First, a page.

Different schools have different effects on similar students. That is the primary finding from social science research, and a fact around which education policy should be organized. Put more plainly: schools matter. They can be a powerful force to address the gap, and demographics are not destiny for students.
That does not mean that schools can eliminate all social inequality, or that policymakers shouldn’t take common sense steps like expanding access to healthcare and prenatal care in low-income communities. But it does mean that many schools can do much better with poor and minority students, and that holding schools accountable for student learning is neither punitive nor unfair.
Unfortunately, there is a small industry in the education community built around tacitly giving schools soothing reassurance that they really can’t do much better with poor and minority kids than they are today. They can. And rather than attacking the gaps poor students bring with them when they first arrive at school, we actually exacerbate gaps by giving the least to the very students who need the most. Rhetorically, people say that schools matter, but our public policies do not yet systemically reflect it.
It doesn’t have to be this way. Research, such as that by William Sanders and Eric Hanushek, shows that teacher effectiveness is the most important in-school factor affecting student learning. Good teachers can actually close or eliminate the gaps in achievement on standardized tests that separate white and minority students. Conversely, when at-risk students have a couple of lousy teachers in a row, it almost irreparably harms them. Consequently, policymakers should be unyielding in their efforts to ensure that there are effective teachers in every classroom.
Unfortunately, a recent report from Education Week shows that, overall, we are doing anything but. Parents should support these efforts, most of all because good teachers teach; they don’t resort to drilling kids, rote memorization, or other strategies that suck the joy out of learning.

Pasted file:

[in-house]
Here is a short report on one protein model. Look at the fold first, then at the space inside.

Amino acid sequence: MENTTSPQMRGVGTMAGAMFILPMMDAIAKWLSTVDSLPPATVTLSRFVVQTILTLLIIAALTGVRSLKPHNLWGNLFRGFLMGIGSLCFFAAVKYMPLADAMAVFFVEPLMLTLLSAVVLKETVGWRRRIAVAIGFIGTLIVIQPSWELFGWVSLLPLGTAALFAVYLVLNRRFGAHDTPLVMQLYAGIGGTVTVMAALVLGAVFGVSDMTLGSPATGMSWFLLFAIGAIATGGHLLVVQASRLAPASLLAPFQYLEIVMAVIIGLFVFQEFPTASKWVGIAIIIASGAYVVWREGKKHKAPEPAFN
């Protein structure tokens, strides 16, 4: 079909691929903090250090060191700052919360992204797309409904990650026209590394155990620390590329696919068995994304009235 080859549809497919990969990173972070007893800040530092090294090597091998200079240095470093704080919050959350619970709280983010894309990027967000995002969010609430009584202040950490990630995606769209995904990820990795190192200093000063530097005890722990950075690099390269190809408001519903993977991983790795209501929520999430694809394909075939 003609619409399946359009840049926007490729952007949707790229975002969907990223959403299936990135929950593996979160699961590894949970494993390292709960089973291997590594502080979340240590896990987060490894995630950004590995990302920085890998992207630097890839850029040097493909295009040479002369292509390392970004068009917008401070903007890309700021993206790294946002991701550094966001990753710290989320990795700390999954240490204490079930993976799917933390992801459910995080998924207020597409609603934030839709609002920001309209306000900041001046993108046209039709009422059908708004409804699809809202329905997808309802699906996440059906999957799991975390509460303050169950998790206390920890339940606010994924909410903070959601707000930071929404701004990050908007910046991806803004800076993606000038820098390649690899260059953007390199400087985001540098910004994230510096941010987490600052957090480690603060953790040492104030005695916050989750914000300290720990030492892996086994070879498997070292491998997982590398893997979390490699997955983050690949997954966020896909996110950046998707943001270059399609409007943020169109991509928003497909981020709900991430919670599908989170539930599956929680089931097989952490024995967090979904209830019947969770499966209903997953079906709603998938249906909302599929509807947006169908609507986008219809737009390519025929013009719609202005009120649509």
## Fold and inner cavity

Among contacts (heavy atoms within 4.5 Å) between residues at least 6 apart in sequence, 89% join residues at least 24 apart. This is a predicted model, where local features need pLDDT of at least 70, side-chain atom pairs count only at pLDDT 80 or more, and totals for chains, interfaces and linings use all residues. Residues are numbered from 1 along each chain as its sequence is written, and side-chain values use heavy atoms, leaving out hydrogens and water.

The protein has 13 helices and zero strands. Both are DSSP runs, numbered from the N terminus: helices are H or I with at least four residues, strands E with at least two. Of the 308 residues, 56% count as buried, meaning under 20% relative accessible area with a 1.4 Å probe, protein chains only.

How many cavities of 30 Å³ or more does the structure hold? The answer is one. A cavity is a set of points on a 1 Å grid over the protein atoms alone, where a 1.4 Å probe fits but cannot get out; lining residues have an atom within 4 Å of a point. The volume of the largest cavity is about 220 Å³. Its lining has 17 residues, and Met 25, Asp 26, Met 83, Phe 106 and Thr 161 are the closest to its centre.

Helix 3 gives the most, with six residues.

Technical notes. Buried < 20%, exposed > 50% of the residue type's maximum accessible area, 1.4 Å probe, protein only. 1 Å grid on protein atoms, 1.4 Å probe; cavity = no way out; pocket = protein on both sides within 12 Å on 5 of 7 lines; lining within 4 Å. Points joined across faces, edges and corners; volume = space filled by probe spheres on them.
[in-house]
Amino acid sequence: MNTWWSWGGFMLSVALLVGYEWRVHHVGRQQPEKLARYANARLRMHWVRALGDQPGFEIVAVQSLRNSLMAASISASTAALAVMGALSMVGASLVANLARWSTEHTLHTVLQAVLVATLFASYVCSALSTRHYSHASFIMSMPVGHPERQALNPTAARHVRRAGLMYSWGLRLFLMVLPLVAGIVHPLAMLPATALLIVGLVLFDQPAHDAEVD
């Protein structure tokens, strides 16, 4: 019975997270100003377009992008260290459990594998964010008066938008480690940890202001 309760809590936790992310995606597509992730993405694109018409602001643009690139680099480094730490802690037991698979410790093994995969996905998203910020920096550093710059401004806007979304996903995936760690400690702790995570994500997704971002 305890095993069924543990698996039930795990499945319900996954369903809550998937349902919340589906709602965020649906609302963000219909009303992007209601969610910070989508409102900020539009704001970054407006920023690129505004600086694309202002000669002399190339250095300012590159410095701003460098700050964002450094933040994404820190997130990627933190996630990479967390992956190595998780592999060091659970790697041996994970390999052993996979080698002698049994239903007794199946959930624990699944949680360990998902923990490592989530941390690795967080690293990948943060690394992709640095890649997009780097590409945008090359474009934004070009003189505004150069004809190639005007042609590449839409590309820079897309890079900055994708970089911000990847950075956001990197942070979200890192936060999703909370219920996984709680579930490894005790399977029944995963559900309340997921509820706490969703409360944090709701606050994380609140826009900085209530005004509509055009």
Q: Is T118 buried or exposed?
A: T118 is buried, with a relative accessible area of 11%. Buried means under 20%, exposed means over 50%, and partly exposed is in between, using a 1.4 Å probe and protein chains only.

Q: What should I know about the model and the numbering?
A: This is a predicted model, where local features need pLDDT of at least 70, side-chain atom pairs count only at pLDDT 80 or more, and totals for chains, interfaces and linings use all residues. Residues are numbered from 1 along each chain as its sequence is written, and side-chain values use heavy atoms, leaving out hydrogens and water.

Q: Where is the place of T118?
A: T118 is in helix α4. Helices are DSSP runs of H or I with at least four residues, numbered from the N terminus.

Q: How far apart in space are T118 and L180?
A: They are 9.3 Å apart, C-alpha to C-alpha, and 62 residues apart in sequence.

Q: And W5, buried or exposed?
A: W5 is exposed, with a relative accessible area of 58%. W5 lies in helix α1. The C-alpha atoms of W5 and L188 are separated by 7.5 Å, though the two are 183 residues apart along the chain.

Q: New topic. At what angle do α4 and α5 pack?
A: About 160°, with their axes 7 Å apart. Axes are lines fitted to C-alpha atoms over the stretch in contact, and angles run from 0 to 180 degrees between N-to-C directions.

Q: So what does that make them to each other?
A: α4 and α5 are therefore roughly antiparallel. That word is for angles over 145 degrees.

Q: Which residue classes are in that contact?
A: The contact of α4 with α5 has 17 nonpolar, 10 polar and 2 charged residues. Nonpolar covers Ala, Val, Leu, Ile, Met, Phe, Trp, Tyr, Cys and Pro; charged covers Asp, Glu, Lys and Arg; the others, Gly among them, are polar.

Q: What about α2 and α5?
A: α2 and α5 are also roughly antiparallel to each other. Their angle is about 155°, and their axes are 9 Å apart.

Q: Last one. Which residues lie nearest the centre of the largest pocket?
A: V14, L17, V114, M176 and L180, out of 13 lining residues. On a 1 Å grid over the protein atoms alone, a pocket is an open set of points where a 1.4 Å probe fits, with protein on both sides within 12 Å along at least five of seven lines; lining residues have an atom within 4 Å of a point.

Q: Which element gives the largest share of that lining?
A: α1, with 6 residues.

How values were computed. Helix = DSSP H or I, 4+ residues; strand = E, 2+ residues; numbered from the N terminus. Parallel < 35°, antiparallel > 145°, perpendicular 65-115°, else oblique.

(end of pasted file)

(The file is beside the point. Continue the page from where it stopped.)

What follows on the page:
It is not just about training, pay, and accountability for teachers, but also about creating schools where high performers want to be — and are — supported in their work. As former California Board of Education president and Netflix founder Reed Hastings points out: today we have as much a shortage of places where good teachers want to work as we do a shortage of good teachers.
That’s why this is not just a teacher problem, it’s a systemic one. But if we organize the public education system around the idea that teachers and schools matter to student outcomes — instead of implicitly around the idea that they don’t — we’ll see results and gap closing.
A few thoughts to round this out.
First, he makes a critical distinction that is almsot never emphasized enough, that improving schools in low income areas can have a large positive impact, despite the terrible carnage from all of the usual socio-economic ills. It cannot fix them, and it should not be a subsititute for policies to address them. But it can help, and it's worth doing.
Second, the point Reed Hastings makes about teacher working conditions is critical. One of the biggest issues low performance schools have is teacher recruitment and retention. Many people believe the solution to this is higher pay. That's not a bad idea, but I don't think it really is the main issue. The main issue is, those schools suck to work at. Teachers do their time there to work at easier places, where they often take an initial pay cut, and likely won't be able to live close to where they work.
The research on education is often confusing to those of us without graduate degrees in statistics and the social sciences, so evaluting competing methodologies is problematic. Conclusions and remedies are often all across the spectrum. But one thing keeps popping up again and again; teachers. The qualilty of the teacher seems to be a critical factor in poor and good outcomes in most of the research where the subject is relevant. This leads to several questions, foremost among them is, how do we define good teachers? When we do define that, how do we recruit, train, deploy and retain them? Bitching about teacher unions and testing regimens are, to my mind, tangential to these critical questions.